How Alibaba turned an obscure, made-up Chinese holiday into a $14.3 billion shopping extravaganza that's bigger than Black Friday

Alibaba turned Single’s Day, the Chinese holiday for the single-set, into a huge economic opportunity through a savvy marketing blitz.

The company raked in $US5 billion during the first 90 minutes of the sale, totaling $US14.3 billion in just 24 hours largely through its online shopping platforms, and

Students at Nanjing University first celebrated Single’s Day in 1993 as an appreciation of, you guessed it — being single. They picked November 11 (11/11) as an ode to the loneliness of the number one.

But Single’s Day was never meant to be a somber affair. Just like couples buy each other presents on Valentine’s Day, Single’s Day is an opportunity to treat yourself, and buy the things you’ve always wanted.

Yue Xue, a ‘dating consultant’ in Beijing explained to Time last year that the concept of being single in China is a recent development. “China used to be a society where there was no dating culture,” Xue said. “There was no going on dates to turn into a relationship. You see someone, if you can marry them or you never see them again.”

Singlehood only gained widespread acceptance in China because of Western films and television shows. And just as Valentine’s Day has become a juggernaut for consumption, so has Single’s Day.

Alibaba launched a massive marketing push around Single’s Day in 2009, offering special “Double 11” deals.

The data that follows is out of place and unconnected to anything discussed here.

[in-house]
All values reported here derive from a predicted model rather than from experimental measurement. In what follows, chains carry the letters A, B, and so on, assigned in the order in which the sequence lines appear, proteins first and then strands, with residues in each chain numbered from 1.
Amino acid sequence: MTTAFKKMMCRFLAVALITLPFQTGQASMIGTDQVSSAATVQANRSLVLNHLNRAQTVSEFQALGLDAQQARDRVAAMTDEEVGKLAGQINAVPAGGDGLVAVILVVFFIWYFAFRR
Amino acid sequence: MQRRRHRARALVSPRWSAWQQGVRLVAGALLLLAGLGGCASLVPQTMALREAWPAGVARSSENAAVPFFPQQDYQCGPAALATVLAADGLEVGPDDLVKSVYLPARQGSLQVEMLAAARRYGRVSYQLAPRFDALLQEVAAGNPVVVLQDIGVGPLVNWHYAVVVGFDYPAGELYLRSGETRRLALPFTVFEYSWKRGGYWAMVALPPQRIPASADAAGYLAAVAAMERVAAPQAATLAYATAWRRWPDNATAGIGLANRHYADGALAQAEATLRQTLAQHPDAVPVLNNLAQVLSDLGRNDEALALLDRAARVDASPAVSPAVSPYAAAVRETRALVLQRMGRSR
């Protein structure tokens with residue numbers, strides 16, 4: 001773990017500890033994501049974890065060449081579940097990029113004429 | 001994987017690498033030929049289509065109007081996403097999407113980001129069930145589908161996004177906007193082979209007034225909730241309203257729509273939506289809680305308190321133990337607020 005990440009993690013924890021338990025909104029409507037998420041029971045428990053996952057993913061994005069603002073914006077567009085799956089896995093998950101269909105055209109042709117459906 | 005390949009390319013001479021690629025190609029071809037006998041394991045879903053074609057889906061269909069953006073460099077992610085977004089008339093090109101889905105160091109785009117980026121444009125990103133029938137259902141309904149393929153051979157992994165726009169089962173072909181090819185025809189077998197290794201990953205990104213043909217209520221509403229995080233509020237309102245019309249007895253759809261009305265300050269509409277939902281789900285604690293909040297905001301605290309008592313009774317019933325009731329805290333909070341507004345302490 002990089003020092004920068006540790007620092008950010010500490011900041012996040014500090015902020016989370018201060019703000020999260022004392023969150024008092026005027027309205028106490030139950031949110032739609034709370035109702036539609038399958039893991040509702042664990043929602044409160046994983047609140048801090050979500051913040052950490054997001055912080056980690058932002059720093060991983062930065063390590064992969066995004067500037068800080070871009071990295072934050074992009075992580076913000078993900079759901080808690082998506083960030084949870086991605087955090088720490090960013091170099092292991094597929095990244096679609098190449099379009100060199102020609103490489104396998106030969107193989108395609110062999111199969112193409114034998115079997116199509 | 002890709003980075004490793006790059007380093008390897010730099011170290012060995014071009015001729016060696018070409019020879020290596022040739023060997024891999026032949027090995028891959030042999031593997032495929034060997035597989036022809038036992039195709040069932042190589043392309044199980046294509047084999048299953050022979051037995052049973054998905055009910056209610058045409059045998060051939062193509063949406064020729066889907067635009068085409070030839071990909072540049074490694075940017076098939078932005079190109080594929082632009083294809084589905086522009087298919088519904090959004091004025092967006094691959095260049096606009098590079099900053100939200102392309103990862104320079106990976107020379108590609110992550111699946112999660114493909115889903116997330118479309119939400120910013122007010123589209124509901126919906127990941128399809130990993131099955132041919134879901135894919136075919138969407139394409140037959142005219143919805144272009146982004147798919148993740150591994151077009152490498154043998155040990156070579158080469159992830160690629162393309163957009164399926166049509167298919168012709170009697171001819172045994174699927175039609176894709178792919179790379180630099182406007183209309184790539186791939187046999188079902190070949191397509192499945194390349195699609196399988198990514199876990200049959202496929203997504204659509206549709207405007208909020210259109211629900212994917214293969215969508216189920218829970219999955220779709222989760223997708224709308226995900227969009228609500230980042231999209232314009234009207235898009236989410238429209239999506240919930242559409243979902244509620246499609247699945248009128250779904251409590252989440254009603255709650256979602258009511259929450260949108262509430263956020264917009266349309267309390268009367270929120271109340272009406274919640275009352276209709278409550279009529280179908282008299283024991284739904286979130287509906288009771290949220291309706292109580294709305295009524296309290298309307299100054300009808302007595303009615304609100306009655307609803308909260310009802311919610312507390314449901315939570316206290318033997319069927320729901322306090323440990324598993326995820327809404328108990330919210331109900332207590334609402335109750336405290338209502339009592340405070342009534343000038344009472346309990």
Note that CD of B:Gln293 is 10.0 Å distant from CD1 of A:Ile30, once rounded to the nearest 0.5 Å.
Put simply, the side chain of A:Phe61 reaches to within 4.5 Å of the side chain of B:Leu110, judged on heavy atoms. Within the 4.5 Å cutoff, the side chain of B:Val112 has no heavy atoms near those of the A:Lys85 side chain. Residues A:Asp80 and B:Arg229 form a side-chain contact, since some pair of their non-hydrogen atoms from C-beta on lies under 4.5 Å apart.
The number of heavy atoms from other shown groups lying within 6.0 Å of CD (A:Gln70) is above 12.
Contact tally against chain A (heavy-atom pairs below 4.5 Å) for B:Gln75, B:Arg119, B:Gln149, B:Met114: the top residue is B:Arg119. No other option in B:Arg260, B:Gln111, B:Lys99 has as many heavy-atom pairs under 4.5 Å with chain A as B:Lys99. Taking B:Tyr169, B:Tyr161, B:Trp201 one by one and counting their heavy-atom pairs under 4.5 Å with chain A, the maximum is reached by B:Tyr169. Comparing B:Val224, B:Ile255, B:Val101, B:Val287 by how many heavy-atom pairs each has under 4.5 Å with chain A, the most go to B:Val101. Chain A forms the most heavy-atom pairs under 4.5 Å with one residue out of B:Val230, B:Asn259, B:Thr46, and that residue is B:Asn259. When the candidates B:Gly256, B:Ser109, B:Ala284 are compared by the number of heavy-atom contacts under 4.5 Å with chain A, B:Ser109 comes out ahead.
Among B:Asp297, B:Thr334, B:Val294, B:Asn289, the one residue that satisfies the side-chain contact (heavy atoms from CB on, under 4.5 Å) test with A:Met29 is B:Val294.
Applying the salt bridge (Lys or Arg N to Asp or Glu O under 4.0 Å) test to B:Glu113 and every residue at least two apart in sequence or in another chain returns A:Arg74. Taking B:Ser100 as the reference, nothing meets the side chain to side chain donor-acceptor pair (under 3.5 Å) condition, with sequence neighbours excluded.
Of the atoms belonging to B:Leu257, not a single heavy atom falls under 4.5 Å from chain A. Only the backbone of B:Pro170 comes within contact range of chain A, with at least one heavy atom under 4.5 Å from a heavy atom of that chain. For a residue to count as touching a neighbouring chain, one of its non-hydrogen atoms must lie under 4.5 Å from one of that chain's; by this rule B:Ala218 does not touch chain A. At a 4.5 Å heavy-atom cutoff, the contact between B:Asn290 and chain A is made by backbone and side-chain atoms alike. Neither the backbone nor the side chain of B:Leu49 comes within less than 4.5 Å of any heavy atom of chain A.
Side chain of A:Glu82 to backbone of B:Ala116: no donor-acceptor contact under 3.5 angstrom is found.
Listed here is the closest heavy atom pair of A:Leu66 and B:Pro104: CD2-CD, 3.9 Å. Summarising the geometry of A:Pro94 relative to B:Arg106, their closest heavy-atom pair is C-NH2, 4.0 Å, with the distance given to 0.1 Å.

Their timing was perfect. E-commerce has exploded in China, leading to a 5,740% growth in Alibaba’s “Double 11” sales between 2009 and 2013, the Atlantic reports.

In the last couple years, Alibaba, once known only as an online retailer akin to Amazon, has moved aggressively into the entertainment space, launching a television production arm, and purchasing an online-streaming service that’s popular in China.

“Jack Ma (Alibaba’s CEO) is building Alibaba as the hub of all things commerce, whether it be physical goods bought and sold online, or now virtual goods and services,” Brian Buchwald, the CEO of consumer intelligence firm Bomoda told the LA Times.

And Alibaba has combined their expansion with brilliant marketing. On Wednesday, Alibaba aired a three-hour television special, “Tmall’s Double-11 Night Carnival” in order to drum up excitement for the insane “Double-11” deals.

The extravagant show included Kevin Spacey as President Frank Underwood from the show House of Cards delivering a two-minute message to would-be Chinese shoppers.

Daniel Craig, of 007 fame also made an appearance, as did singer Adam Lambert and a host of Chinese celebrities, the LA Times reports.

As the clock struck midnight, and the Double-11 deals officially opened, viewers of the broadcast at home could play along in online game show segments, where they could compete for the chance to buy Cadillacs for 15 cents, according to the LA Times.

For comparison purposes, Alibaba made only $US9.3 billion in 2014’s Single’s Day sale, $US5 billion less than this year, amounting to a 57% jump in sales.

Mobile purchases accounted for 72% of purchases in 2015, up from 43% in 2014, according to the Atlantic.

It was a good day for Alibaba.

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